In terms of transport and amenities, are there any new MRT stations, schools, hospitals, shopping malls etc being planned in your area?
Again, you should consult the URA Master Plan. It is always prudent to study the government’s plan for that neighborhood before you sell or make purchases. Of course, you should invest in areas planned for high growth and development. How long will the development plans take? Should you wait till then to cash out?
All these are important factors to consider before making a decision whether to sell your EC now.
(4) Returns For The Next Investment You Are Going Into
What do you plan to do with the money after you cash out on your EC? How sure are you to make more money? People often think they can invest in better properties or instruments after cashing out. But it may not be the case. You may end up choosing an investment instrument that does not make better returns than your EC.
Always make a plan and weigh the risks. How sure are you to make a profit when the money is reinvested? Also, what options are available to you? For example, if you intend to do multiple property purchases after cashing out, how should you structure the investment so as to save costs like Additional Buyer Stamp Duty (ABSD).
Only when you have all your bases covered should you make the prudent decision to sell, especially if you are planning to reinvest the cash.
(5) Existing Economic Situation
It is generally not advisable to sell when the economy is in a downturn. You will sell at a lower price or even end up selling at a loss. During such periods, there are fewer buyers. Many who urgently need money may sell at a much lower price, resulting in better bargains for the cash-rich investors. Also, sometimes the market may experience a knee-jerk response towards certain situations. One such period is immediately after the cooling measures are introduced by the government. Sellers should therefore avoid such a period when planning to sell your property. As property markets are cyclical, those who adopt a patient, “wait and see” attitude will often be the ones who reap the best rewards. Most economic downturns are after all temporary.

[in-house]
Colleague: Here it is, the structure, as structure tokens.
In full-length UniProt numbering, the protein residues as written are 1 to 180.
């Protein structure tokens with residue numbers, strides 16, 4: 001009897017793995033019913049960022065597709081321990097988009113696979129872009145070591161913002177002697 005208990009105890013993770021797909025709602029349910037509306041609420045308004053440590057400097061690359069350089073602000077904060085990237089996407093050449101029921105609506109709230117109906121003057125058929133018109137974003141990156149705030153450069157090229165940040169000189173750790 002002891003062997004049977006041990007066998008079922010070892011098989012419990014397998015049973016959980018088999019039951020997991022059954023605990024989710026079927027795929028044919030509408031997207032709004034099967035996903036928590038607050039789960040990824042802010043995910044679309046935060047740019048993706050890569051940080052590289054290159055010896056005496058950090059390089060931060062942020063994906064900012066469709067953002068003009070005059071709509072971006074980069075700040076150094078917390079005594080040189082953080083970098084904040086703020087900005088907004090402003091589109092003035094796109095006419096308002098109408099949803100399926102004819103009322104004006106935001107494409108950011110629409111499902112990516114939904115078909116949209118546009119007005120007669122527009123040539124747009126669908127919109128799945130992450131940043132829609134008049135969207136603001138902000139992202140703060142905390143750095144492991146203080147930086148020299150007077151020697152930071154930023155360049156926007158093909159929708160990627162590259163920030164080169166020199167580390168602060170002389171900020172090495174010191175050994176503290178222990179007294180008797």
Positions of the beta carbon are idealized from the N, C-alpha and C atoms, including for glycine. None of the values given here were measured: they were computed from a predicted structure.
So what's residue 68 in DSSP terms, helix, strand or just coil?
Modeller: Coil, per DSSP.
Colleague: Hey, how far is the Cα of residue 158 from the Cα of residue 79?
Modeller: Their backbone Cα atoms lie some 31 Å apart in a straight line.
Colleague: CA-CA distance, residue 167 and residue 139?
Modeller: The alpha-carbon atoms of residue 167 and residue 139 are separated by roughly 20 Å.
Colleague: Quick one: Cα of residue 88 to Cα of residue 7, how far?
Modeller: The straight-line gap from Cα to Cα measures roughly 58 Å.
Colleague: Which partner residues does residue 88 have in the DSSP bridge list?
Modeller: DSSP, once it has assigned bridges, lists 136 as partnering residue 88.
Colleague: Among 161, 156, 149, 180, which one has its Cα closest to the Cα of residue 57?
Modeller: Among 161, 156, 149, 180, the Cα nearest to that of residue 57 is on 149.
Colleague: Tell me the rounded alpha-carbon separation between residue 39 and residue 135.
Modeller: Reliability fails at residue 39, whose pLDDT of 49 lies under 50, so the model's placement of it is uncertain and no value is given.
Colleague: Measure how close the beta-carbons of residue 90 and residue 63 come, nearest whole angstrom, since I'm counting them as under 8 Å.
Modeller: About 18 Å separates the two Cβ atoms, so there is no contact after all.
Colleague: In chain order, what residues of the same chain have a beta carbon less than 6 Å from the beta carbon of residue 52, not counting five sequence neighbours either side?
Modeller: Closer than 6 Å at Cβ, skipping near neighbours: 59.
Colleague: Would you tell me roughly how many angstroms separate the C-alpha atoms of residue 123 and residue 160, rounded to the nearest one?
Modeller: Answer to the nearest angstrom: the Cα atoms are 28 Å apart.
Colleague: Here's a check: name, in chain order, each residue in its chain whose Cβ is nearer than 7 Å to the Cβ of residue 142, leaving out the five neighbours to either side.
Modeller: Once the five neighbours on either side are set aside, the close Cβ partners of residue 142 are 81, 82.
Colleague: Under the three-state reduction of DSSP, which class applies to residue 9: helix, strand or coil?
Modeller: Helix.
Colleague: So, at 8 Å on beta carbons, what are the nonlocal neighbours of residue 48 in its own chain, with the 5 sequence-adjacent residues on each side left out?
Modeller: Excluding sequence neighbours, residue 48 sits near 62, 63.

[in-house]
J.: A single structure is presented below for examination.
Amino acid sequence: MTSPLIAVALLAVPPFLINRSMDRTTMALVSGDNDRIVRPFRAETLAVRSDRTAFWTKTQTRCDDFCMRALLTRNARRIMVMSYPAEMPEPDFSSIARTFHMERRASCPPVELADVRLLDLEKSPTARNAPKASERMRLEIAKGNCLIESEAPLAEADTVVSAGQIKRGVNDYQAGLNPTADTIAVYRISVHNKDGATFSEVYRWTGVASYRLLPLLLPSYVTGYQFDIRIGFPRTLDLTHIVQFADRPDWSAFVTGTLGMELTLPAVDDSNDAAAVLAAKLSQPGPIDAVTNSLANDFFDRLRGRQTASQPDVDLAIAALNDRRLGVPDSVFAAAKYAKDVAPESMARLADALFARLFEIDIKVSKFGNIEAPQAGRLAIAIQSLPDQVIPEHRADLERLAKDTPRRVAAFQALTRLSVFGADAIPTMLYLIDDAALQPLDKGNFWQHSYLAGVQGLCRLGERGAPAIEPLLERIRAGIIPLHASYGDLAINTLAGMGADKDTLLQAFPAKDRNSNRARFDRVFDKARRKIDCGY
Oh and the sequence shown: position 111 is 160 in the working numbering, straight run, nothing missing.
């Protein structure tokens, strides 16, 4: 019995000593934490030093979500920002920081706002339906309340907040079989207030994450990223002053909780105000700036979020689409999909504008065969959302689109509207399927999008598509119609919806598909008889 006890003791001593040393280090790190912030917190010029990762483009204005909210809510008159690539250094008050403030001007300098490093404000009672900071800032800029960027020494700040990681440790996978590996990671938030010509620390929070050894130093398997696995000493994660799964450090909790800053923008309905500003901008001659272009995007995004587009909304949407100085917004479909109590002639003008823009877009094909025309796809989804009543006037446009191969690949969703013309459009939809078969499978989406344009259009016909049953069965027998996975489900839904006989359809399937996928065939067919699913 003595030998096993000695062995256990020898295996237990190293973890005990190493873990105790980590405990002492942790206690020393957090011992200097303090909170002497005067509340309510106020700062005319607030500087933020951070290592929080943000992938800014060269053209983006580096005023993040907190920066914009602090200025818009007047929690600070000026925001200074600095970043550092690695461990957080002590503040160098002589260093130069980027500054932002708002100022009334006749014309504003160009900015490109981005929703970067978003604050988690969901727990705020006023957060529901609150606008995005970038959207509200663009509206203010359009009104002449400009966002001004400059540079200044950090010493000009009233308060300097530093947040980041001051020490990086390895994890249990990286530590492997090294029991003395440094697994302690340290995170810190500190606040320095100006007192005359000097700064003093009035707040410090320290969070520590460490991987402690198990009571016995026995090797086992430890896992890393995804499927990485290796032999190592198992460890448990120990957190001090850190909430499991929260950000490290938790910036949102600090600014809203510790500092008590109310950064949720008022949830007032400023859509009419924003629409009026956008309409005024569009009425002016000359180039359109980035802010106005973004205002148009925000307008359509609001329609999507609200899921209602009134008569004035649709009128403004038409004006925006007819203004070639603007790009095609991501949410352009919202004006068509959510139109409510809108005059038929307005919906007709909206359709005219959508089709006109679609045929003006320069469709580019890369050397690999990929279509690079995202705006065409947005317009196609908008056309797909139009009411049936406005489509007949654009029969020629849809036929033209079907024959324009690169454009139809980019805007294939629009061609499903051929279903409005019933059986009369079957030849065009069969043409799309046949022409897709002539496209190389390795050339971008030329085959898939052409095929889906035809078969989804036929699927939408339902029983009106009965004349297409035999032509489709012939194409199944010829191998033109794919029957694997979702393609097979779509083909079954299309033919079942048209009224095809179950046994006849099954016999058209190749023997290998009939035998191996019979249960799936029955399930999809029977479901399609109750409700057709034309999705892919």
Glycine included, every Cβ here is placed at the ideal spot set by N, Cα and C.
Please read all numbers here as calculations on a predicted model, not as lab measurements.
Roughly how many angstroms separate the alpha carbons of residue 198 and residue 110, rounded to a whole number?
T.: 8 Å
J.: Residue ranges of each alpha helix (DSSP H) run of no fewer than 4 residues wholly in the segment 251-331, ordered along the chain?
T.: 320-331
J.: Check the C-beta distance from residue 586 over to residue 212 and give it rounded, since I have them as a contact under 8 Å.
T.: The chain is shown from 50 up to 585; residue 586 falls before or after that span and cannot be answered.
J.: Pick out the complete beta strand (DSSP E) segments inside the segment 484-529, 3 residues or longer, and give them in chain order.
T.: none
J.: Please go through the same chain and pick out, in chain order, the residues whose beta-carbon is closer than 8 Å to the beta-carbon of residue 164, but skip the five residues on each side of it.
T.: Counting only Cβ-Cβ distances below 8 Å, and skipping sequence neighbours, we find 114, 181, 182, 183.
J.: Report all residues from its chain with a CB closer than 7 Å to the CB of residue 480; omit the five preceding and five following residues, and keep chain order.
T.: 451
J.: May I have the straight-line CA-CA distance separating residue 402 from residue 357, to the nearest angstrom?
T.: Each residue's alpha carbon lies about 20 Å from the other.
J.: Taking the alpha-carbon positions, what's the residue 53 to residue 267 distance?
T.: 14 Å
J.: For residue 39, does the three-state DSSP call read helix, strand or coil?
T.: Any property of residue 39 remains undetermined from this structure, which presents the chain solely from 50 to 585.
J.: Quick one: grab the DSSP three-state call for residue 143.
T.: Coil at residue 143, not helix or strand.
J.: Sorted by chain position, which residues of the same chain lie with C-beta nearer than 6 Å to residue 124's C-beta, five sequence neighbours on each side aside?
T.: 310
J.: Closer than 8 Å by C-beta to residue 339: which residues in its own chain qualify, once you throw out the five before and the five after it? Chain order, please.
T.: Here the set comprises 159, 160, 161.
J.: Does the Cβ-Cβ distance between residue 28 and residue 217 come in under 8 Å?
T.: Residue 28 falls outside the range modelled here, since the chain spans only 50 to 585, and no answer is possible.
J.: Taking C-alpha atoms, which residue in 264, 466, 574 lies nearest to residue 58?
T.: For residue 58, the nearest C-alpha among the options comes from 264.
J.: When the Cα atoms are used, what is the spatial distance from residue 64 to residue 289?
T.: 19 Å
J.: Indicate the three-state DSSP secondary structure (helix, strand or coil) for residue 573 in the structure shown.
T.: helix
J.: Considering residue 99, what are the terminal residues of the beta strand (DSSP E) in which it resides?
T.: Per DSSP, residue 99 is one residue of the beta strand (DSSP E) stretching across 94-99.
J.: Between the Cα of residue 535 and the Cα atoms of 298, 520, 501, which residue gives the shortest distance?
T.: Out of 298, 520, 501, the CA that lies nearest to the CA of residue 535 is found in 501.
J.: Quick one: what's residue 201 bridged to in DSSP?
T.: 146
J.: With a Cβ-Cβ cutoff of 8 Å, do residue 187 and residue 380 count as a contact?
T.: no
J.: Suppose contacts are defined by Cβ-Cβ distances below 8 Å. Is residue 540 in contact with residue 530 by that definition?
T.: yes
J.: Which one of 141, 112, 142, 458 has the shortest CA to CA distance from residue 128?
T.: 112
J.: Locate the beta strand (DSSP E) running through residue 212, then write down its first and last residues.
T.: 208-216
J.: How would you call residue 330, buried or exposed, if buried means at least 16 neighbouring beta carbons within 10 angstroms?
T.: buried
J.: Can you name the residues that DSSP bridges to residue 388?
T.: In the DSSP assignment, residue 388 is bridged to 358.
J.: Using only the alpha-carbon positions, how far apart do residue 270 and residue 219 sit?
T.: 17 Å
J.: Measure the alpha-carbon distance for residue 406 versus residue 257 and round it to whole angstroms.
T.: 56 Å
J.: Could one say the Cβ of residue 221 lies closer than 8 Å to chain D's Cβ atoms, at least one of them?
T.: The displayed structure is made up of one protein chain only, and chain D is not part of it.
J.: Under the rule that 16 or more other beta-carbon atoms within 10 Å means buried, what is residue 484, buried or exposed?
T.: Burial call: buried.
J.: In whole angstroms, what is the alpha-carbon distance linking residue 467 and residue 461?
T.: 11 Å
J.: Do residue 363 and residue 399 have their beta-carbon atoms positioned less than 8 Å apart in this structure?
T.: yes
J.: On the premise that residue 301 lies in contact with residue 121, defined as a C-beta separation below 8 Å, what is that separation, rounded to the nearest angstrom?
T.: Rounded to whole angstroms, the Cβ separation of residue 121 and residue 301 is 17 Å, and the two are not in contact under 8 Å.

Many people are now selling EC units right after the MOP, thinking that they will surely reap a handsome profit. That they can then reinvest and make even more. This is the most optimistic scenario, which may not arise. Housing agents will often persuade you to sell. But the final decision must be made by yourself. You should consider many factors, not just the MOP. The current housing market, the potential of the area, and how the economy is doing may be the most important. Also, what are your goals and priorities? Will you be satisfied with a better house
or property, even if you sell your EC at a little loss? Do you plan to downgrade and put the cash-out into your retirement fund? Have you enough for your rainy days? Are you a risk-taker? These are questions you should ask yourself. Don’t let other sellers influence you into making a hasty decision. Make yours based on research, needs, and priorities. This is the best way not to end up regretting it!
If you would like to have a non-obligated discussion on if you should sell your property, make an appointment with me.
See you soon!
Make An Appointment
1) District 15 - Meyer Road and Amber Road. Where Should I Invest?
2) District 15 East Coast Property - Is Meyer Mansion A Good Property Investment?
3) Save On Additional Buyer's Stamp Duty (ABSD) Using Decoupling & Part-Purchase
About The Author
Vivian is an experienced real estate agent who has been in the industry since 2002.
Over the years, she has transacted numerous property deals including HDB and private properties. She is well-versed in policies and regulations involving the sale and purchase of residential properties. She has also handled many transactions involving complicated situations like contra, divorce, administration/probate cases, and decoupling / part-share purchases.
Vivian is also a mother to 2 boys. Being a real estate mom allows her to spend more time with her children as they were growing up. Both boys are avid footballers representing their schools and clubs. She loves watching their games and hardly misses a game whenever they play.
Vivian is an active real estate salesperson and team leader. Call her at 98577714 for your real estate matters, or if you are looking to join the real estate industry.